Superintendent Malcolm Thomas defended his rollback of the millage rate to the Pensacola News Journal saying the revenue cut couldn’t have improved teachers’ salaries.
Thomas said the part of the millage rate cut concerned the local capital improvements – as if the district doesn’t need those funds.
According to the Florida Department of Education, those local capital improvement funds can used for six types of projects:
· The educational plant – Costs of construction, renovation, remodeling, maintenance and repair of the educational plant. This also includes the maintenance, renovation and repair of leased facilities to correct deficiencies.
· Expenditures that are directly related to the delivery of student instruction – Purchase, lease or lease-purchase of equipment, educational plants and construction materials directly related to the delivery of student instruction.
· Conversion of space – Rental or lease of existing buildings or space within existing buildings, originally constructed or used for purposes other than education, for conversion to use as educational facilities.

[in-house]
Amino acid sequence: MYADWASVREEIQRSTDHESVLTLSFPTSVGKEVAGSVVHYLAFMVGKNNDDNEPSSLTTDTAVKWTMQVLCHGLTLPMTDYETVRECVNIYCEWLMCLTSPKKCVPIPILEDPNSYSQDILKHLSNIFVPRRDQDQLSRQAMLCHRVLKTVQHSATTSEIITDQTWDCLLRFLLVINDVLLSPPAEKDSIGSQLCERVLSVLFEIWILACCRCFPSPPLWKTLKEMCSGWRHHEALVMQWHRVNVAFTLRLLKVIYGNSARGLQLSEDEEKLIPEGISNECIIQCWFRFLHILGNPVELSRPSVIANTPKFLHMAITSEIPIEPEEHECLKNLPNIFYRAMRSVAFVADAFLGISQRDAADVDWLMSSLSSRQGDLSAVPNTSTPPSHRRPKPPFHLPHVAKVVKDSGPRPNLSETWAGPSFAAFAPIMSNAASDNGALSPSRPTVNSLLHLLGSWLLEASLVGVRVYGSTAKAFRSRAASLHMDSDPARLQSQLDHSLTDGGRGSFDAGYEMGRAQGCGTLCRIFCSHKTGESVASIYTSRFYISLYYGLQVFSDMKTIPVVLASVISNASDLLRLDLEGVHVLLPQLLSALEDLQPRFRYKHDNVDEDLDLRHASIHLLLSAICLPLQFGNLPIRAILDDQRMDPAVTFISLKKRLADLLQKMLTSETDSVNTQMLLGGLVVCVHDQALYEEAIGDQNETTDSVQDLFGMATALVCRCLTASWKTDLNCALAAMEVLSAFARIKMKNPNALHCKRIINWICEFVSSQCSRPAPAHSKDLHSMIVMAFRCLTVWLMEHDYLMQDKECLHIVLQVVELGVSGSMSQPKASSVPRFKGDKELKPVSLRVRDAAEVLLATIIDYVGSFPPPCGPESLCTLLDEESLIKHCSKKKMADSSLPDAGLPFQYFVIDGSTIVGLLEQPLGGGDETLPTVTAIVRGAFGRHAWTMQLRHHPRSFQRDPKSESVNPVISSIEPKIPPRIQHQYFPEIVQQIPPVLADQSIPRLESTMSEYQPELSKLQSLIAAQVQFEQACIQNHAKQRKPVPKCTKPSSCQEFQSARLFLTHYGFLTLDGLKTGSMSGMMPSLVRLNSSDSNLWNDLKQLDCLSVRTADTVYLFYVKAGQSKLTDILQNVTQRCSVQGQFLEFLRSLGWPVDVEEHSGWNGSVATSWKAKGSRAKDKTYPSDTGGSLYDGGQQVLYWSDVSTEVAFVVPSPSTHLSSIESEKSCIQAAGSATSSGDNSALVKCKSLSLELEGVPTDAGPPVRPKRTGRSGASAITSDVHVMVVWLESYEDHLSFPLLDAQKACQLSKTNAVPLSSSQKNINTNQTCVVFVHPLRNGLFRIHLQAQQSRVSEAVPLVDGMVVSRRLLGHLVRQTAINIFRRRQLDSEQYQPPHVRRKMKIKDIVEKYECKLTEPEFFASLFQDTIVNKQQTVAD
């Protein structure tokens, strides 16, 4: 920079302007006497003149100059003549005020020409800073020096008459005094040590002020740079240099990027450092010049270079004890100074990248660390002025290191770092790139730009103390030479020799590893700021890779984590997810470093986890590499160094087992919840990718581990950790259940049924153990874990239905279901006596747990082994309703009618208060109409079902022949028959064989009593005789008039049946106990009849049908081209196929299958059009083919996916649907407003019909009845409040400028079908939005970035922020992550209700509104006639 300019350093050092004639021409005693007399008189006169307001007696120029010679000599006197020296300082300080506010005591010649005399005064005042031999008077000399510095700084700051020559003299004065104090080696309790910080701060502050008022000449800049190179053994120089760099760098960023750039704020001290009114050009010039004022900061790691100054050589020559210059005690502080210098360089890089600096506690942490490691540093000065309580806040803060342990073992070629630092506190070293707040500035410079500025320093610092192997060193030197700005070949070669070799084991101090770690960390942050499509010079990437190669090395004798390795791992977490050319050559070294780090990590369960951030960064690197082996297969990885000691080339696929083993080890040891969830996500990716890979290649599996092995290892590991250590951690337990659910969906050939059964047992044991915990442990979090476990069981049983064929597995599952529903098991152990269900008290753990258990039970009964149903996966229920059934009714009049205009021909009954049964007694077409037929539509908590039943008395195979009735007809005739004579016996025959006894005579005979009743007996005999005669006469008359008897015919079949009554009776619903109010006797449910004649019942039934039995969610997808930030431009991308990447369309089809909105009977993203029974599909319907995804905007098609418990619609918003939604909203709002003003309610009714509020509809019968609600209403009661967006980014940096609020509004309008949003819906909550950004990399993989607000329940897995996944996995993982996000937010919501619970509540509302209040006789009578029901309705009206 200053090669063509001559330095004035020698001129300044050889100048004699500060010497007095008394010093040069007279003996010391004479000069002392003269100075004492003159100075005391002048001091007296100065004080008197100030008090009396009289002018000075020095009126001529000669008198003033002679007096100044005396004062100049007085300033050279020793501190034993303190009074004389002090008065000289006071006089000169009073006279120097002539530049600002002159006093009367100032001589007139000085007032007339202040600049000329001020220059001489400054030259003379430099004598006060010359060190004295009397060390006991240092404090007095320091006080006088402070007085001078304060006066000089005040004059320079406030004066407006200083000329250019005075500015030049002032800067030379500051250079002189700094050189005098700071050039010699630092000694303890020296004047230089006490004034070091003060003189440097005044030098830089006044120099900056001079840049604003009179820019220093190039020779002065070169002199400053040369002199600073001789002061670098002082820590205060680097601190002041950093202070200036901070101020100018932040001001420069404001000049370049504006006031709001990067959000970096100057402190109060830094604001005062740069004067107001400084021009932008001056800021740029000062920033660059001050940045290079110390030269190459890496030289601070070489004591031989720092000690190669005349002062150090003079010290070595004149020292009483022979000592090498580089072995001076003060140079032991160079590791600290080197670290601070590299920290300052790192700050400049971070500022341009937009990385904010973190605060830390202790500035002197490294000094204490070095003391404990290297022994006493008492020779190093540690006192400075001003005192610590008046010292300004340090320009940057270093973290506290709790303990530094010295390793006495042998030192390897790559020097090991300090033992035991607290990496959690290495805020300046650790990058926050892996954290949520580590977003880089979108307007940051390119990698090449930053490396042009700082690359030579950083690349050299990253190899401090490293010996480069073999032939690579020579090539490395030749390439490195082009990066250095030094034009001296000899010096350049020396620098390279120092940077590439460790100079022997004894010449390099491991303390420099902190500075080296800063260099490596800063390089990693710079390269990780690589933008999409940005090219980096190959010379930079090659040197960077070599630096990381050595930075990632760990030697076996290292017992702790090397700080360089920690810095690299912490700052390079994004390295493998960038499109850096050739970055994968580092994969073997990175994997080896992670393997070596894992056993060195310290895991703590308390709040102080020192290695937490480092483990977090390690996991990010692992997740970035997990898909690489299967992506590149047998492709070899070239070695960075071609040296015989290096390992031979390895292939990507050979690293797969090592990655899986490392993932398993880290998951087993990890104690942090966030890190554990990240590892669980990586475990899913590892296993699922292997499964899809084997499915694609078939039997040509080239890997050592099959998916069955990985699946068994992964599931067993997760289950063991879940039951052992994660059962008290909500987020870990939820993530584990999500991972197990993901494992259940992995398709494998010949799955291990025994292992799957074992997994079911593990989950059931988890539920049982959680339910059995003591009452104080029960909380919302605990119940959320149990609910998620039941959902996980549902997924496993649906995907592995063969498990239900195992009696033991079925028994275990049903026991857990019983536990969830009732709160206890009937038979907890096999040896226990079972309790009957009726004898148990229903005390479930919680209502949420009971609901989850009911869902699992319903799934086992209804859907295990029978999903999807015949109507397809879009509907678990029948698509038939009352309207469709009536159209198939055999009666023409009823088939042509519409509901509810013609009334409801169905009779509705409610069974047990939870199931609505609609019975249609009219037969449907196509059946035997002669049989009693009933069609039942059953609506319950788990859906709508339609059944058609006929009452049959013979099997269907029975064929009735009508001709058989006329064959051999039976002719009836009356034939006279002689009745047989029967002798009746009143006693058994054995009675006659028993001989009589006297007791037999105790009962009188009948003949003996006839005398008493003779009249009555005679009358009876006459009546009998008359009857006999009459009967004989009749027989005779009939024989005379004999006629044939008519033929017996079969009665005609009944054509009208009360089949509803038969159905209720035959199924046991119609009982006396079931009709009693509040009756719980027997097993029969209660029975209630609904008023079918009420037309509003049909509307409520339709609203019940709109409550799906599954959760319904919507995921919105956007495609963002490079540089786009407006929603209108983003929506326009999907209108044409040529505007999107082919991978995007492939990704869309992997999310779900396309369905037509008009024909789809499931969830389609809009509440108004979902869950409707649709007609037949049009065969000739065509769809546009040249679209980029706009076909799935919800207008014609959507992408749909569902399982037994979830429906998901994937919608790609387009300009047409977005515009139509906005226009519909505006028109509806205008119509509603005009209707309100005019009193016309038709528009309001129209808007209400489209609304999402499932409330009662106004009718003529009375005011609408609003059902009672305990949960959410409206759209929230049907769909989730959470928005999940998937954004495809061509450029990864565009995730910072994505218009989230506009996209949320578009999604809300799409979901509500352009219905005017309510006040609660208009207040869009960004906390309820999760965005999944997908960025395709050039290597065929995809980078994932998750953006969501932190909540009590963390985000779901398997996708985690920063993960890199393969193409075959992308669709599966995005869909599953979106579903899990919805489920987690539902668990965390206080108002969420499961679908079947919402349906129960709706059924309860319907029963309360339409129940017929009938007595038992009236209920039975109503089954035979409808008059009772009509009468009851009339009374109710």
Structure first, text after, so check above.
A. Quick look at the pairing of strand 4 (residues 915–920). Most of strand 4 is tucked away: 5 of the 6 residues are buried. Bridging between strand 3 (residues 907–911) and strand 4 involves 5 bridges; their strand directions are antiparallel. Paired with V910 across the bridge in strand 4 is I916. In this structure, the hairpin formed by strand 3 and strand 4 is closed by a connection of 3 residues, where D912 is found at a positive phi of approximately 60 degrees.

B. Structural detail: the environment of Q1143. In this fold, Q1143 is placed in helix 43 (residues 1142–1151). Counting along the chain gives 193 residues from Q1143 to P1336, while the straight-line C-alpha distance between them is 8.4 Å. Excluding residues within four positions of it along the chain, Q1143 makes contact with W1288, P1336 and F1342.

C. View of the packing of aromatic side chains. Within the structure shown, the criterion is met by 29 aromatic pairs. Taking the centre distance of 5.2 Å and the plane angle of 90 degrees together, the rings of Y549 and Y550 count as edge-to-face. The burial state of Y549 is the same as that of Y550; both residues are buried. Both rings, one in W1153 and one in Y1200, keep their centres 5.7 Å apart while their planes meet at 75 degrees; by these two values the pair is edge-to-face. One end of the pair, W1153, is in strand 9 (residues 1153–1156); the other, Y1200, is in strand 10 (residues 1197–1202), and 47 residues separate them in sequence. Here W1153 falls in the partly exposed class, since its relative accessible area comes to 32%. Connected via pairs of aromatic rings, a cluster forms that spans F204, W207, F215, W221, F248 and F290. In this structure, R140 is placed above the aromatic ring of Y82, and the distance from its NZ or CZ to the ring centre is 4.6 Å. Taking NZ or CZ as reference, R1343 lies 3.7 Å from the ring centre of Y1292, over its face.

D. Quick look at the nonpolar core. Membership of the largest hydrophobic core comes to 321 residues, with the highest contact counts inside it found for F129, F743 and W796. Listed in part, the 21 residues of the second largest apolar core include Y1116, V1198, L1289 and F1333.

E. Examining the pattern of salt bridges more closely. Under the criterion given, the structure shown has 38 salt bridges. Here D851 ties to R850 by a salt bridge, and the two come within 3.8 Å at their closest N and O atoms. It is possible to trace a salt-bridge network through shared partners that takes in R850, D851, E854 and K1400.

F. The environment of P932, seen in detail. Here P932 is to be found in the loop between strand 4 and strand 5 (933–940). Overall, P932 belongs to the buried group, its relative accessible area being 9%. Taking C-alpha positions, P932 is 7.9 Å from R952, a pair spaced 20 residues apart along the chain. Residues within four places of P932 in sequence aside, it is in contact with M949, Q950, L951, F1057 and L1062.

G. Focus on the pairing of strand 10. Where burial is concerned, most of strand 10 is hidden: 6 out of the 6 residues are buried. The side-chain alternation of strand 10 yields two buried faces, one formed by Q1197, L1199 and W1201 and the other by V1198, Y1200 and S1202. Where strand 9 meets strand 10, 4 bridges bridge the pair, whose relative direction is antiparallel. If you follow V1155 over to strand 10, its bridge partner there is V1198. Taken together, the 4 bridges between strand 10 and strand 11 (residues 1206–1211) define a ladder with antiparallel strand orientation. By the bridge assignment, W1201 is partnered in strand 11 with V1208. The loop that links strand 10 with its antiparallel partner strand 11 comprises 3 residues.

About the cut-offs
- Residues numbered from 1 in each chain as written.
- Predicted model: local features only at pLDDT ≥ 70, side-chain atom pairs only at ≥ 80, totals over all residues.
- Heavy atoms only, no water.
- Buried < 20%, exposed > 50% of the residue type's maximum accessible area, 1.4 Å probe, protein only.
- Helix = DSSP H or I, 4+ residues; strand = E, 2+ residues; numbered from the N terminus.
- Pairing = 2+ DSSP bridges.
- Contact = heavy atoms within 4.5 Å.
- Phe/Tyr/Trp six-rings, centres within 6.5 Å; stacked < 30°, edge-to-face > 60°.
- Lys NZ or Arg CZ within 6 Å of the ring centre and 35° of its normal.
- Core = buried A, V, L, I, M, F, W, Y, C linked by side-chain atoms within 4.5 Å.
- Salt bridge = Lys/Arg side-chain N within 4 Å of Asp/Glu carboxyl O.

· A new school’s library media center collection – Opening day collection for the library media center of a new school.
· School buses – Purchase, lease-purchase or lease of school buses or the payment to a private entity to offset the cost of school buses.
· Equipment, computers, enterprise resource software – Purchase or lease of new and replacement equipment: enterprise resource software applications that are classified as capital assets in accordance with definitions of the Governmental Accounting Standards Board, have a useful life of at least five years and are used to support district-wide administration or state-mandated reporting requirements; computer hardware, including electronic hardware and other hardware devices necessary for gaining access to or enhancing the use of electronic content and resources.
Based on reports of the conditions of the aging school buildings, the district has several uses for those funds. The elimination of the trailers used for classrooms and creation of more reliable Wifi systems in the schools are just two uses that come to mind.
When you look around your children’s schools this August, you will see plenty of projects that could be funded with those dollars.